The deepest U.S. recession since the Great Depression showed signs of easing in the second quarter, buttressing hopes for a second-half recovery, though it may be anemic as consumers are still strapped for cash.

Gross domestic product, which measures total goods and services output within U.S. borders, fell at a 1.0 percent annual rate in the second quarter, the Commerce Department said on Friday, after tumbling 6.4 percent in the January-March quarter, the biggest decline since early 1982.

Analysts who had expected a decline in second-quarter GDP of around 1.5 percent said the report, which showed a moderating pace of decline in key areas such as business investment and exports, provided the clearest evidence yet that the 19-month-old recession was almost over.

The recession is entering its final hours. Today's report shows those green shoots are starting to grow again, and the economy is finally moving down the road to recovery, said Chris Rupkey, chief financial economist at Bank of Tokyo/Mitsubishi UFJ in New York.

It will be a recovery from a low point. The International Monetary Fund in its annual report on the U.S. economy said the recession seemed to be ending but cautioned recovery would be slow.

On a year-over-year basis, second quarter GDP declined a record 3.9 percent. Previously, the government said GDP had fallen at a 5.5 percent annual rate in the first quarter but it revised that to a steeper fall.

Including the second-quarter contraction, GDP has fallen for four straight quarters -- the first time that has happened since records were started in 1947.

A steep drop in consumption spending, the main engine of the economy, fanned fears of a sluggish growth pace assuming the economy does recover as anticipated in the second half.

Consumer spending, which accounts for over two-thirds of U.S. economic activity, fell at a 1.2 percent rate in the second quarter after rising 0.6 percent in the previous quarter. That sliced 0.88 percentage points from second quarter GDP, the department said.

The increase in growth over the second half of 2009 is likely to be uneven, and the economy won't be firing on all cylinders again until three-quarters of GDP -- consumer expenditures and business capital spending -- start to pull their own weight, said Rupkey.

Investors set aside initial worries over the drop in consumer spending, lifting the Dow Jones industrial average stock index 17.15 points to 9,171.61. Sentiment was also lifted by a report showing business activity in the country's Midwest in July rose to its highest since September.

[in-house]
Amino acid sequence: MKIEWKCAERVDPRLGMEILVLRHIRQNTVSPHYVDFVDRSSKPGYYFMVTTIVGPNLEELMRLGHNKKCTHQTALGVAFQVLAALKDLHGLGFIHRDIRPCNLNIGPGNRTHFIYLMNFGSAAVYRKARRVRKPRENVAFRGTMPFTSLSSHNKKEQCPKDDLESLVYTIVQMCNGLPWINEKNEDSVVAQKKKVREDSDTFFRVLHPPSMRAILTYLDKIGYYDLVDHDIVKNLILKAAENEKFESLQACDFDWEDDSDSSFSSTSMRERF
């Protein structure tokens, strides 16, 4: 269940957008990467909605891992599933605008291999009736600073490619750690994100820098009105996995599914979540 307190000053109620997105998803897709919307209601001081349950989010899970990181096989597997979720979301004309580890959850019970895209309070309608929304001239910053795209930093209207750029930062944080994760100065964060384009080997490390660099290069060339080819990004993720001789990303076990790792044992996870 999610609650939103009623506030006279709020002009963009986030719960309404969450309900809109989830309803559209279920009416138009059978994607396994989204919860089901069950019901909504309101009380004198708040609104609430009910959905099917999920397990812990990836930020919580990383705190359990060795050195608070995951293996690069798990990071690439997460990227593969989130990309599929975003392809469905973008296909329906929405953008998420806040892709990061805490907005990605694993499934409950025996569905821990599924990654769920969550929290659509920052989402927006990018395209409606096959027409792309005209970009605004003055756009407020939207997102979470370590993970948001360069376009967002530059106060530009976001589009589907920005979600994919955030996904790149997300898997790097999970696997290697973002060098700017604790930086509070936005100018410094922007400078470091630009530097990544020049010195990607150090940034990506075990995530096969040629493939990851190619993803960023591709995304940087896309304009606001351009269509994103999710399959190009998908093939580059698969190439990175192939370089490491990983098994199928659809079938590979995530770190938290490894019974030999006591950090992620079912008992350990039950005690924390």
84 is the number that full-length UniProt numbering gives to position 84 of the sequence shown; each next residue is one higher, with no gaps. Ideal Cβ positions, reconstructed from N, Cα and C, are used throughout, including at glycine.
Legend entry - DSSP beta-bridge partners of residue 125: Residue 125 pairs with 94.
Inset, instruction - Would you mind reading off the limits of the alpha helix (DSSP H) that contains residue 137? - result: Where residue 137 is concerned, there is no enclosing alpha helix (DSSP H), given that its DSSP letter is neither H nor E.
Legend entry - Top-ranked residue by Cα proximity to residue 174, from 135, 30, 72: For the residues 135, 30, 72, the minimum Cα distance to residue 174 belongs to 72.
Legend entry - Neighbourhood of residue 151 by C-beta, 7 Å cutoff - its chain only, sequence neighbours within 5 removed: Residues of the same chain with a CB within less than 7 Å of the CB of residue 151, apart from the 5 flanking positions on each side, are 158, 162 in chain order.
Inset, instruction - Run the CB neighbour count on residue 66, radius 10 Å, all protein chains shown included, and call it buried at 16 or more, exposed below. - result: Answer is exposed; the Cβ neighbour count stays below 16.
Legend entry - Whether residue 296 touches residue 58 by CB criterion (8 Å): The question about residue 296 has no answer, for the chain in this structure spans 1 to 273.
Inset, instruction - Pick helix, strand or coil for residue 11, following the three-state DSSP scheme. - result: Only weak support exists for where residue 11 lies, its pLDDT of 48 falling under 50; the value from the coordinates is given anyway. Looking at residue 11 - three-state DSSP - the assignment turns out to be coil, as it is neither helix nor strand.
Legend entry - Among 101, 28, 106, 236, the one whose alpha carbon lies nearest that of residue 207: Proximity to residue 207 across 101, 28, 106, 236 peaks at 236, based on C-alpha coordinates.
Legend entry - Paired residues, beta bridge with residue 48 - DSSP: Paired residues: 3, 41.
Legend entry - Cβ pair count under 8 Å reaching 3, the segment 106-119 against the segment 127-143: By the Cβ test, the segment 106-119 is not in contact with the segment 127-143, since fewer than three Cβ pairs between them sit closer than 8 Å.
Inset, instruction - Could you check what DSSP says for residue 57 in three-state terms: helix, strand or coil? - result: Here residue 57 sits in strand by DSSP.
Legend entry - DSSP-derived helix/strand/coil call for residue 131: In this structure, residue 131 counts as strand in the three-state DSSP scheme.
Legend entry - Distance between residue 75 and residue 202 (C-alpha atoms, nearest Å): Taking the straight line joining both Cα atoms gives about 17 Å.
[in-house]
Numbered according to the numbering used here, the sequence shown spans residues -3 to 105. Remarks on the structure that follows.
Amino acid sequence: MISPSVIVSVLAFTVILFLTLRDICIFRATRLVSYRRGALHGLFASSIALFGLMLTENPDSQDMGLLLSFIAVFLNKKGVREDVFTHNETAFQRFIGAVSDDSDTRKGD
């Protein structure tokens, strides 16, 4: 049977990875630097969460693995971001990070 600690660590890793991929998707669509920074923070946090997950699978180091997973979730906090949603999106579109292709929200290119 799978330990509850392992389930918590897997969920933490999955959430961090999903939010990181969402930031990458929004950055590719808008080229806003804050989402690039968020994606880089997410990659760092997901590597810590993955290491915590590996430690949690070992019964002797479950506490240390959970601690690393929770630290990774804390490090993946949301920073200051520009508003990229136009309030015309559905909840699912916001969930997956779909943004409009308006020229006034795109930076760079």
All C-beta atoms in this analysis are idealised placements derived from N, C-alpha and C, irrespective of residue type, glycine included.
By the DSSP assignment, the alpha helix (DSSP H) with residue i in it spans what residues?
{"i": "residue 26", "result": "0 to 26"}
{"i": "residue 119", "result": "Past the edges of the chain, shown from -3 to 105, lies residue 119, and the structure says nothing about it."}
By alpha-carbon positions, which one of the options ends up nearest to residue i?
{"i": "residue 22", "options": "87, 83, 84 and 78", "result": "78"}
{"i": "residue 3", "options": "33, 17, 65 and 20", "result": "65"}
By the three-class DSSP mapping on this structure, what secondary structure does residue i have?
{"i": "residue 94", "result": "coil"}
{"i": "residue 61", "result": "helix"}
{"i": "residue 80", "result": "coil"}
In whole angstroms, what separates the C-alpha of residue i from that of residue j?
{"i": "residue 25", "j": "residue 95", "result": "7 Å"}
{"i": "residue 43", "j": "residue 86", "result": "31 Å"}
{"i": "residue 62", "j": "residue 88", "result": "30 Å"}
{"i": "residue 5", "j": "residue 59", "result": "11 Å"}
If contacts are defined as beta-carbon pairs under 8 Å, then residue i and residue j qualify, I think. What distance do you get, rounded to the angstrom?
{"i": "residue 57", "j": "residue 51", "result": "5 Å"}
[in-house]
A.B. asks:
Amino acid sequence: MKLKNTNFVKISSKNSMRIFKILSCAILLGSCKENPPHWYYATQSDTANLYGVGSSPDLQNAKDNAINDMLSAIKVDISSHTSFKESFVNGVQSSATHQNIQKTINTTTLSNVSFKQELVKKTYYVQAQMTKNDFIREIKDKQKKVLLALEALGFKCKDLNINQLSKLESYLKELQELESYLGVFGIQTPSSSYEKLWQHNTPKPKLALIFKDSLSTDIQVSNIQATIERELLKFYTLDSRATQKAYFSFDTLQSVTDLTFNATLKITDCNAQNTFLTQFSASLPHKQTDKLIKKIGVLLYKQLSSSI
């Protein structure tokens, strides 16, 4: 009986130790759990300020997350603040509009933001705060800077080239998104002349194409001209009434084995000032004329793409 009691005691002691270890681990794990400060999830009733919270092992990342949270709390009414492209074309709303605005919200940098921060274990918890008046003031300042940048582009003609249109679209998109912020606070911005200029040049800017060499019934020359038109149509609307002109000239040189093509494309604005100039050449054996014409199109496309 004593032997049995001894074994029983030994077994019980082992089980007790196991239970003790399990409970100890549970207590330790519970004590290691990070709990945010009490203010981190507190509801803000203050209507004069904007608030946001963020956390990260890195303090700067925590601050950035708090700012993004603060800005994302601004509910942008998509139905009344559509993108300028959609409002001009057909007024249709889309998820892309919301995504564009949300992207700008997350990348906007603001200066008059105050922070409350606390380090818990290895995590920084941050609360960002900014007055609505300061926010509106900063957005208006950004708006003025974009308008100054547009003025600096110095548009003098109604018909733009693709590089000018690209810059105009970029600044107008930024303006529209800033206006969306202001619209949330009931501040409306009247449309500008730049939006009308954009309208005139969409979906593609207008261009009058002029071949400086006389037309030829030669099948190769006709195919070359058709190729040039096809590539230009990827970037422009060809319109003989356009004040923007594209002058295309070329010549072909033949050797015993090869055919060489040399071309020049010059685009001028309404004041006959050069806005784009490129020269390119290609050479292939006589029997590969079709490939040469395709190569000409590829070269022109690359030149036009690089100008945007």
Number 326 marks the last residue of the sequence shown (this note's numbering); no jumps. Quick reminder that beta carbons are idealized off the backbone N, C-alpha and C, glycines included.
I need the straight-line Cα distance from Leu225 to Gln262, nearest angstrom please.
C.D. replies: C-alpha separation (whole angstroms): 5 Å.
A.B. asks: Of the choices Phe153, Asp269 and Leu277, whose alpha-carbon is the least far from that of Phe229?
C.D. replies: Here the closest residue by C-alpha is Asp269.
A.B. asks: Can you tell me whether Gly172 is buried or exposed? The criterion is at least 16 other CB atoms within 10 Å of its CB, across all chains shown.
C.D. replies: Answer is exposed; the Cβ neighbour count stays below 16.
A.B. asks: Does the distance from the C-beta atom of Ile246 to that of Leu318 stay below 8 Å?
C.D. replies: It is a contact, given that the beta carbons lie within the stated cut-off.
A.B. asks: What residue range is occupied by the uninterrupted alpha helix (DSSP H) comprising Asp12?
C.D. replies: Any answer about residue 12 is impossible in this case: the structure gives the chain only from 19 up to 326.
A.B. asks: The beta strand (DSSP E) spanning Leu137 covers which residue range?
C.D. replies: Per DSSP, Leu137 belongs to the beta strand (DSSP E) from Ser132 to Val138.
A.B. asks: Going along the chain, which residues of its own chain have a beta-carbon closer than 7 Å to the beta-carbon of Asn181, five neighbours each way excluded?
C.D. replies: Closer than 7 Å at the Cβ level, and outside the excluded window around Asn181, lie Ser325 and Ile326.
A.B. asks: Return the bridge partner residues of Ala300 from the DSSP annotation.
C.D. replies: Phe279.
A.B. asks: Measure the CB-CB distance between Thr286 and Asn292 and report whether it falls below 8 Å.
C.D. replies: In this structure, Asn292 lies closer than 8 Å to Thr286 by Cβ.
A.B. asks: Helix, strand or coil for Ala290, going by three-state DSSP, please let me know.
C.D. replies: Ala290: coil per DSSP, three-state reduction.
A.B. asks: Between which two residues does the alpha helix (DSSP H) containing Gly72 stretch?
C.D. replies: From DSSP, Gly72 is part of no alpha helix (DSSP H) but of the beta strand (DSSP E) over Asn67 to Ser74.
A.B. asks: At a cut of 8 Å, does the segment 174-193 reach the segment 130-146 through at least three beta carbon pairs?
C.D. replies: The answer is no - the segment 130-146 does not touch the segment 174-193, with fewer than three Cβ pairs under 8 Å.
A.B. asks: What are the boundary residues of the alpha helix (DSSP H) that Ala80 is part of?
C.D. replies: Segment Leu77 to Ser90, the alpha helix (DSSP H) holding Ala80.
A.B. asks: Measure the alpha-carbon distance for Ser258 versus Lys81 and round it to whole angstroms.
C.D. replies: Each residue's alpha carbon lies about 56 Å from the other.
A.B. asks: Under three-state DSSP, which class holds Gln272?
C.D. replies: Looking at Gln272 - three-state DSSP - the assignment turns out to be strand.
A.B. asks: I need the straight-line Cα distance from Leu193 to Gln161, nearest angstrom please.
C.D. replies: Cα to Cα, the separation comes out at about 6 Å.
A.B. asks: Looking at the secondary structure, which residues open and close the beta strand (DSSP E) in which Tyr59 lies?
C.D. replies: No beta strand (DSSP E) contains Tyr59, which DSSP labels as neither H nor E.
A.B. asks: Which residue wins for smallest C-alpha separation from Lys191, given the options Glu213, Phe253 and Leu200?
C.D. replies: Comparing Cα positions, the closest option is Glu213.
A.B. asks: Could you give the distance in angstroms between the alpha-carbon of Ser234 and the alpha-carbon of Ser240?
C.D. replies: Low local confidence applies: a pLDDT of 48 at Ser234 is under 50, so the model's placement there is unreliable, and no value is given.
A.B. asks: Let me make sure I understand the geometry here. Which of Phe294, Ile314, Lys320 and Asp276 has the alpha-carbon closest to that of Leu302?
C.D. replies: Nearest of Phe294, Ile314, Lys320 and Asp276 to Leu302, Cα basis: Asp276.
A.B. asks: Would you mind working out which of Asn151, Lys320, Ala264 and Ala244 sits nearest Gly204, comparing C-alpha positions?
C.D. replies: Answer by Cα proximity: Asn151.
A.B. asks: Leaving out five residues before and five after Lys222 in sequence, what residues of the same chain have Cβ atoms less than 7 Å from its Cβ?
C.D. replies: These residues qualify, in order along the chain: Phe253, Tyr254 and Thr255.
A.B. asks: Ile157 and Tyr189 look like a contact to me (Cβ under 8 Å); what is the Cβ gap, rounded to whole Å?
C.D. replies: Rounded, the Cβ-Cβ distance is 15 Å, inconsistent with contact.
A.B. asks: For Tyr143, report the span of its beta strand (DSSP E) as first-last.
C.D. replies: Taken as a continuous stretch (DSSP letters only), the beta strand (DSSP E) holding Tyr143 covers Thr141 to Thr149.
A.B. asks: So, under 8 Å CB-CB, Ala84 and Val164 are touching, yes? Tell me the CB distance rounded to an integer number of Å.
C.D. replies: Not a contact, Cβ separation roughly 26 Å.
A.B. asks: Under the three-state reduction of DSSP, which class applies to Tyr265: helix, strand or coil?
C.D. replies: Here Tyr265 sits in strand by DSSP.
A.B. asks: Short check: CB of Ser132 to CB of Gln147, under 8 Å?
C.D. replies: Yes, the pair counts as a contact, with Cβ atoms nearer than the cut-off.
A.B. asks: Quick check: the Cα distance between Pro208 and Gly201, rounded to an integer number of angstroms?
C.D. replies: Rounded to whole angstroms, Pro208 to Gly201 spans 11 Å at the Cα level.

President Barack Obama, whose poll numbers have been dropping because of concern about the costs of health-care reform and the ailing economy, said the GDP data was a sign the economy was headed in the right direction.

But he also said unemployment remained an obstacle.

As far as I am concerned we won't have a recovery as long as we continue losing jobs. Today's GDP is an important sign the economy is headed in the right direction, Obama said.

In contrast to the weak consumer reading, business investment improved significantly in the second quarter.

The report showed business investment decreased at an 8.9 percent rate in the second quarter after diving 39.2 percent the previous quarter. Investment in nonresidential structures fell at an 8.9 percent rate compared to a 43.6 percent drop in the first quarter.

Residential investment, which is at the core of the downturn, dropped at a 29.3 percent rate in the April-June period after plummeting by 38.2 percent in the first quarter.

Business inventories continued to be a drag on overall GDP, declining by a record $141.1 billion in the second quarter as firms aggressively cut back on new production to reduce stockpiles of unsold goods.

The drop in inventories shaved 0.83 percentage point from second-quarter GDP, but was seen providing a springboard for the much-anticipated economic recovery in the second half.

It really sets the stage for a positive third-quarter growth number and maybe now a pretty decent pop to the third quarter given the size of the inventory drawdown, said John Ryding, chief economist at RDQ Economics in New York.

Excluding inventories, GDP fell 0.2 percent in the second quarter compared to a 4.1 percent drop in the first quarter.

A free-fall in exports braked sharply in the second quarter. Exports fell at a 7.0 percent rate after plunging 29.9 percent in the first quarter. There were positive contributions from the federal, state and local governments during the quarter.

Annual benchmark revisions issued by the department showed the economy barely grew in 2008, expanding at an annual rate of 0.4 percent, the smallest since 1991, instead of the 1.1 percent previously estimated.

They also showed the decline since the recession began in 2007 was steeper than previously thought. From the fourth quarter of 2007 to the first quarter of 2009, real GDP fell at an average annual rate of 2.8 percent instead of a 1.8 percent decline.

(Additional reporting by David Lawder and Jeff Mason in Washington; Editing by James Dalgleish)